Unfortunately for her, public opinion sided roundly with La Motte, with some suggesting the queen had used her as a way to get some petty revenge on Rohan, or that she simply wanted some new jewels and was stealing from the public purse to get them. Following the affair, the pamphlets against her (read: political porn) began to be produced at an even greater rate, fuelling the anti-monarchy sentiment that eventually led to Marie Antoinette’s own beheading in 1793.

As I said earlier…

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If you’re interested in learning more about the scandal, the chapter on it in Aja Raden’s Stoned has a lot of great detail and is also a really fun book. And if you just can’t get enough, Jonathan Beckman has written an entire book on the subject. Enjoy!

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Disney Designs 5: Sale As Old As Time

The Goblin and I recently watched Beauty and the Beast for the first time in a few years, and you know what that means… Time for another Disney Designs post!

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Source: tenor.com

It’s not entirely clear in which historical period Disney’s 1991 version of Beauty and the Beast is supposed to be set, but a quick Google suggests some time around the mid-to-late 18th century, so let’s go with that.

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Source: giphy.com

In the film, Belle is too busy swooning over the Beast’s gargantuan library (wahey) to wear very much jewellery, but you know who was around at this time who did? You guessed it: Marie Antoinette, the soon-to-be-headless Queen of France.

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Marie Antoinette (pictured here pre-guillotine, obviously..!) Source: Wikimedia Commons

As it happens, Marie Antoinette’s jewellery collection was just auctioned at Sotheby’s in Geneva, after going on display for the first time in two centuries. The collection was sold alongside other royal gems from the Bourbon-Parma family, and the whole lot broke Sotheby’s records, going for a whopping £33.63 million!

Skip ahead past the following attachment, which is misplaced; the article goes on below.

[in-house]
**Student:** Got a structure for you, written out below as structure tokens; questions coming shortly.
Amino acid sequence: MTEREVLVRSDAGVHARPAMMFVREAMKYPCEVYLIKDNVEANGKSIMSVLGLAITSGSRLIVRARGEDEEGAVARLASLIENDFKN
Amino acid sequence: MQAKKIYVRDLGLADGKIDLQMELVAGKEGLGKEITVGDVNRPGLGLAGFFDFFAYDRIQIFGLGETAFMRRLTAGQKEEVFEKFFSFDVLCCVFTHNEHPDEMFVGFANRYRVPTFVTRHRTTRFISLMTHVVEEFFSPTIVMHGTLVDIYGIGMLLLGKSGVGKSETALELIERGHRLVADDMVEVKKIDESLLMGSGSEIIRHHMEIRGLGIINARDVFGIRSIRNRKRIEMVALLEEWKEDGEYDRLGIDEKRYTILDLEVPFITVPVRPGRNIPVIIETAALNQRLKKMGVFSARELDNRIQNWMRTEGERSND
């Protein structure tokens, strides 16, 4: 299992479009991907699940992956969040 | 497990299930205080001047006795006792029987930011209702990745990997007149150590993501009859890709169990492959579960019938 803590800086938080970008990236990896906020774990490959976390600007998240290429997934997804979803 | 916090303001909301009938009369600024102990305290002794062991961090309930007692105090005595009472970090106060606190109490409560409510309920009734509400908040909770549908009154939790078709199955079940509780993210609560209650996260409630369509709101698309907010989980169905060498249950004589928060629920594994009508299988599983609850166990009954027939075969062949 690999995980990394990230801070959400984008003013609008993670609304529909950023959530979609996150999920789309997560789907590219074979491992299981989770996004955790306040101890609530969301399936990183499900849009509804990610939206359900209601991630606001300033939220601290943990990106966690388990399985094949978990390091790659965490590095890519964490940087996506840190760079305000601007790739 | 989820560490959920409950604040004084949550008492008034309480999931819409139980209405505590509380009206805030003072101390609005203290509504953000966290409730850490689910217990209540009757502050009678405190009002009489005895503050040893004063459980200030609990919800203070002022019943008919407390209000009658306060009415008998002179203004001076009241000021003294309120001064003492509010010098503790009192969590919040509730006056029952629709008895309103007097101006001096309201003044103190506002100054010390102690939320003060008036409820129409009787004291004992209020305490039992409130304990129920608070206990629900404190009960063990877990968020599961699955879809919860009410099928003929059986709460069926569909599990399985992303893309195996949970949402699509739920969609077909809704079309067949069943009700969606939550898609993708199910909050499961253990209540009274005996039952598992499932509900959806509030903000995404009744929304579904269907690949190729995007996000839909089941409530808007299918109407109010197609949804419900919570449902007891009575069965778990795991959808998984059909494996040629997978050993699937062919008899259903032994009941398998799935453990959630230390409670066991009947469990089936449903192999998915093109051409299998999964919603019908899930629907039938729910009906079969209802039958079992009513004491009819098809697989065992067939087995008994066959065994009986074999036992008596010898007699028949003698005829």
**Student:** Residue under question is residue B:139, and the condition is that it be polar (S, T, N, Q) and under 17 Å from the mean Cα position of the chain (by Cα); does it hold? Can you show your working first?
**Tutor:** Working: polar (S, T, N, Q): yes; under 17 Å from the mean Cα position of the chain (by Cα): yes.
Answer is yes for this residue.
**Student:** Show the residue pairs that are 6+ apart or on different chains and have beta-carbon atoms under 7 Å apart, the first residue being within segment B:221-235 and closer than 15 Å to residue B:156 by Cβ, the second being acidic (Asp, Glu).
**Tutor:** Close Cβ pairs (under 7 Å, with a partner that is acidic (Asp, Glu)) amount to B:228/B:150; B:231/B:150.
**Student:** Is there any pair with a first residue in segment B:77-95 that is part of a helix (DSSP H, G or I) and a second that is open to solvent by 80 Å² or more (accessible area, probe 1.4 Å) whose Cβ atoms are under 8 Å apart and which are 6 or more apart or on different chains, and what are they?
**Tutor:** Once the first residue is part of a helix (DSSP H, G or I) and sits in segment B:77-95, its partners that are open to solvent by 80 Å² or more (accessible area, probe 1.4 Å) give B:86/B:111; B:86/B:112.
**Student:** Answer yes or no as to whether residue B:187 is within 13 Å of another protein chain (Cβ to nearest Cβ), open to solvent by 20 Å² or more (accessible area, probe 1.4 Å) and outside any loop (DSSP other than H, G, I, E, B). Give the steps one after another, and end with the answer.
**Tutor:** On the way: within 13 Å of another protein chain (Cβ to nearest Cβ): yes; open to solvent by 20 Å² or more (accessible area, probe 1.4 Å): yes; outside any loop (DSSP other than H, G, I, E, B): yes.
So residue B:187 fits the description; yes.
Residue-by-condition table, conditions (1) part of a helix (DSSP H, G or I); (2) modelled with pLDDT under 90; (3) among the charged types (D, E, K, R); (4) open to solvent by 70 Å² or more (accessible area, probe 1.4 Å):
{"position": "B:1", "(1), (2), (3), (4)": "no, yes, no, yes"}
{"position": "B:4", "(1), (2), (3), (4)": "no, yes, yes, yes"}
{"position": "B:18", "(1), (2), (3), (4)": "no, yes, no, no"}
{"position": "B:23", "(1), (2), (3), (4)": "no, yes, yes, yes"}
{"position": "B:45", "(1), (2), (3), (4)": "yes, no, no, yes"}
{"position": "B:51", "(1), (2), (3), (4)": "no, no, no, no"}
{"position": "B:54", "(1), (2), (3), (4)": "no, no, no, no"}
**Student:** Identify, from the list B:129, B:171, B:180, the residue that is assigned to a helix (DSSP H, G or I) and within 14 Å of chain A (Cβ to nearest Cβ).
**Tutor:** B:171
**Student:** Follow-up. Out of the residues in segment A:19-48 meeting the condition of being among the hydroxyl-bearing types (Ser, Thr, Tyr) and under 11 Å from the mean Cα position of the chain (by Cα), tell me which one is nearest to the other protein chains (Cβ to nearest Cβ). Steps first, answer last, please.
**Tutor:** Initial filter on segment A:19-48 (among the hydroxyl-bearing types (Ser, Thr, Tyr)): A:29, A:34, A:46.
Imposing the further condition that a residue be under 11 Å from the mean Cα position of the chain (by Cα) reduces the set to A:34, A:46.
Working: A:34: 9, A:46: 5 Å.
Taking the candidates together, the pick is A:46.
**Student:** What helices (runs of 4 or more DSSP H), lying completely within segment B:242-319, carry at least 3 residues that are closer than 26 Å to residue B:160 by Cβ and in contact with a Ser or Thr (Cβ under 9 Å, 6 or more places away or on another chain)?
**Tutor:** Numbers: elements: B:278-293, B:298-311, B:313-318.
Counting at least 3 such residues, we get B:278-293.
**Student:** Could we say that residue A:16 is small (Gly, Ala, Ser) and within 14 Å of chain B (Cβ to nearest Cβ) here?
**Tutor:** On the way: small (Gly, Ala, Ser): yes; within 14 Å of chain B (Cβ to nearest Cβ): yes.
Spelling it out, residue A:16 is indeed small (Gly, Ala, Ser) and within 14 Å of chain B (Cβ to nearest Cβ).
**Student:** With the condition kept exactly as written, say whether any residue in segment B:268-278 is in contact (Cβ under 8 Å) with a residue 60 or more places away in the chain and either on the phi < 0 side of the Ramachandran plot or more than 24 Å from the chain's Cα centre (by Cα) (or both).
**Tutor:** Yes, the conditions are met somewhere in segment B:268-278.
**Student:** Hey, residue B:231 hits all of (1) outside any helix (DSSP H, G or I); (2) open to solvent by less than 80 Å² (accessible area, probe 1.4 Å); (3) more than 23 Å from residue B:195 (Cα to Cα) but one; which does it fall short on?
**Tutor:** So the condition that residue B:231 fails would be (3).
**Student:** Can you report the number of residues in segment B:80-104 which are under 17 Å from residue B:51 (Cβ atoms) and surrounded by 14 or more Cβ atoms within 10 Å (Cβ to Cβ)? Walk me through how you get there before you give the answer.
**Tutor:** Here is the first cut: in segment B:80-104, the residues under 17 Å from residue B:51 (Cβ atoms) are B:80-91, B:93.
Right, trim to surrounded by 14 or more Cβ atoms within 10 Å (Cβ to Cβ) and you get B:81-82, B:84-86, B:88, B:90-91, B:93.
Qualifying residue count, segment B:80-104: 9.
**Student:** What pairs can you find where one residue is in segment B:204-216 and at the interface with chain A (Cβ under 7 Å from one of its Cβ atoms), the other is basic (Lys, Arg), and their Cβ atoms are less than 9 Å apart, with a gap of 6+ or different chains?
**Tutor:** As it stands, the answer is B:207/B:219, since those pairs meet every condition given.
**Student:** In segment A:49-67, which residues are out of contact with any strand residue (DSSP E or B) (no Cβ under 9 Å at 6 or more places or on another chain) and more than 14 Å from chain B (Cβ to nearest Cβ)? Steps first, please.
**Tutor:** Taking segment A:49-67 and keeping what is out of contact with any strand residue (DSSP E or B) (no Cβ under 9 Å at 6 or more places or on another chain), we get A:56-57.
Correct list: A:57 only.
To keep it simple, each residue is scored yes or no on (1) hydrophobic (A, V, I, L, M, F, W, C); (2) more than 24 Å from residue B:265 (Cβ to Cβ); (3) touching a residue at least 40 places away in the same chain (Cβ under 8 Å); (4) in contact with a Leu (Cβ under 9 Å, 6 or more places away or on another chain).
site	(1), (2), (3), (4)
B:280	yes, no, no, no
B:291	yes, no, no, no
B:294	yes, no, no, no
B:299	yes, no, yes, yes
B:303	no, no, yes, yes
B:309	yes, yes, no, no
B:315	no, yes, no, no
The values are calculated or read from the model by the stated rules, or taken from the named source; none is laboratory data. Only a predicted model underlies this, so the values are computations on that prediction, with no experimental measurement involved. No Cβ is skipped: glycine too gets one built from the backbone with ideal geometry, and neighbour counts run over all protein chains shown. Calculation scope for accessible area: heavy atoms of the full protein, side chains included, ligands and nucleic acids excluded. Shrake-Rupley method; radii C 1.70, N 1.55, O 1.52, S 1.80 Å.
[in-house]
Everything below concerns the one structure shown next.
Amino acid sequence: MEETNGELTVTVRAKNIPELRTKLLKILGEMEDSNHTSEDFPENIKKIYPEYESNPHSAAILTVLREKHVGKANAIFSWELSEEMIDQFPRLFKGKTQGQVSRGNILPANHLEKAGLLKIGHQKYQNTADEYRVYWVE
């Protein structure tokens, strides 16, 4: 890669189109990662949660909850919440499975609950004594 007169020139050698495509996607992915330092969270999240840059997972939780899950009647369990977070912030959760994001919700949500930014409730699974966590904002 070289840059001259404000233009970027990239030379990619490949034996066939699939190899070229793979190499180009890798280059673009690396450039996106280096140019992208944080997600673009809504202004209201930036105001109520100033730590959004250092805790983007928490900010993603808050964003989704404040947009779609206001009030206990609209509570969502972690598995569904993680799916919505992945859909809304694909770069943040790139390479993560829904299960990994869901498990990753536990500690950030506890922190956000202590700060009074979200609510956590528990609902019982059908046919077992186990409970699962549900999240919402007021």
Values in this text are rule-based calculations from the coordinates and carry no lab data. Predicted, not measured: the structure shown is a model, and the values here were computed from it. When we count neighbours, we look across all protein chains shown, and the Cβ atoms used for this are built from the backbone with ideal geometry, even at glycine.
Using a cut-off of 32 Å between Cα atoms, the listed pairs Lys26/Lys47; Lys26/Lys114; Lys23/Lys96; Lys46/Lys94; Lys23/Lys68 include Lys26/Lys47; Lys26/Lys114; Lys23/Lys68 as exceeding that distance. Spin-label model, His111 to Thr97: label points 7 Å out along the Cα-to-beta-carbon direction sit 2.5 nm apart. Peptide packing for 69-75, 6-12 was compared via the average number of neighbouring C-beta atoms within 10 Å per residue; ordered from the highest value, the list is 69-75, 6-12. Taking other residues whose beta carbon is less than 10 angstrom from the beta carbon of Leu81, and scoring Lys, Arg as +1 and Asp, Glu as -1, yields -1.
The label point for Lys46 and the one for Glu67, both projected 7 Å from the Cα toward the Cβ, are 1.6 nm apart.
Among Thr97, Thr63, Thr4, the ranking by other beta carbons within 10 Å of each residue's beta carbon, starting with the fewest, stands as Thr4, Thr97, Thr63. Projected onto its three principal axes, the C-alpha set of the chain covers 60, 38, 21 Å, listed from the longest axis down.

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Source: Tumblr

Before the French Revolution broke, she saw the writing on the wall and shipped some of her jewels off to her nephew in Vienna, meaning that they avoided the dismantling which befell the pieces left behind… and, indeed, their owner!

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Source: giphy.com

So, let’s take a peak inside Marie Antoinette’s jewellery box… (Ok, that’s probably enough innuendo now…)

 

It’s clear from first glance that this famous historical magpie was a BIG fan of both diamonds and pearls. Unlike today, where cultured pearls are plentiful and relatively affordable, in Marie Antoinette’s time, naturally-occurring pearls were very rare, and required many hours of life-threatening dives to obtain in any great number. Is it any surprise, then, that they were a favourite of this image-conscious royal?

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Source: Wikimedia Commons

Interestingly, some saved jewellery was later broken up and reset anyway. This was and continues to be common practice amongst aristocratic families when it comes to heirlooms, since the component gemstones are often more valued than the piece they’re set in. Thus, it’s not unusual to see particularly beautiful stones set and reset into more contemporary pieces over the centuries.

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A 19th century diamond brooch made from stones smuggled out of Paris by Marie Antoinette. Image (c) Sotheby’s.

If you’re interested in the relationships between family members and gems, Sotheby’s have put together a handy family tree to show where each piece came from:

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Source: Sotheby’s (c)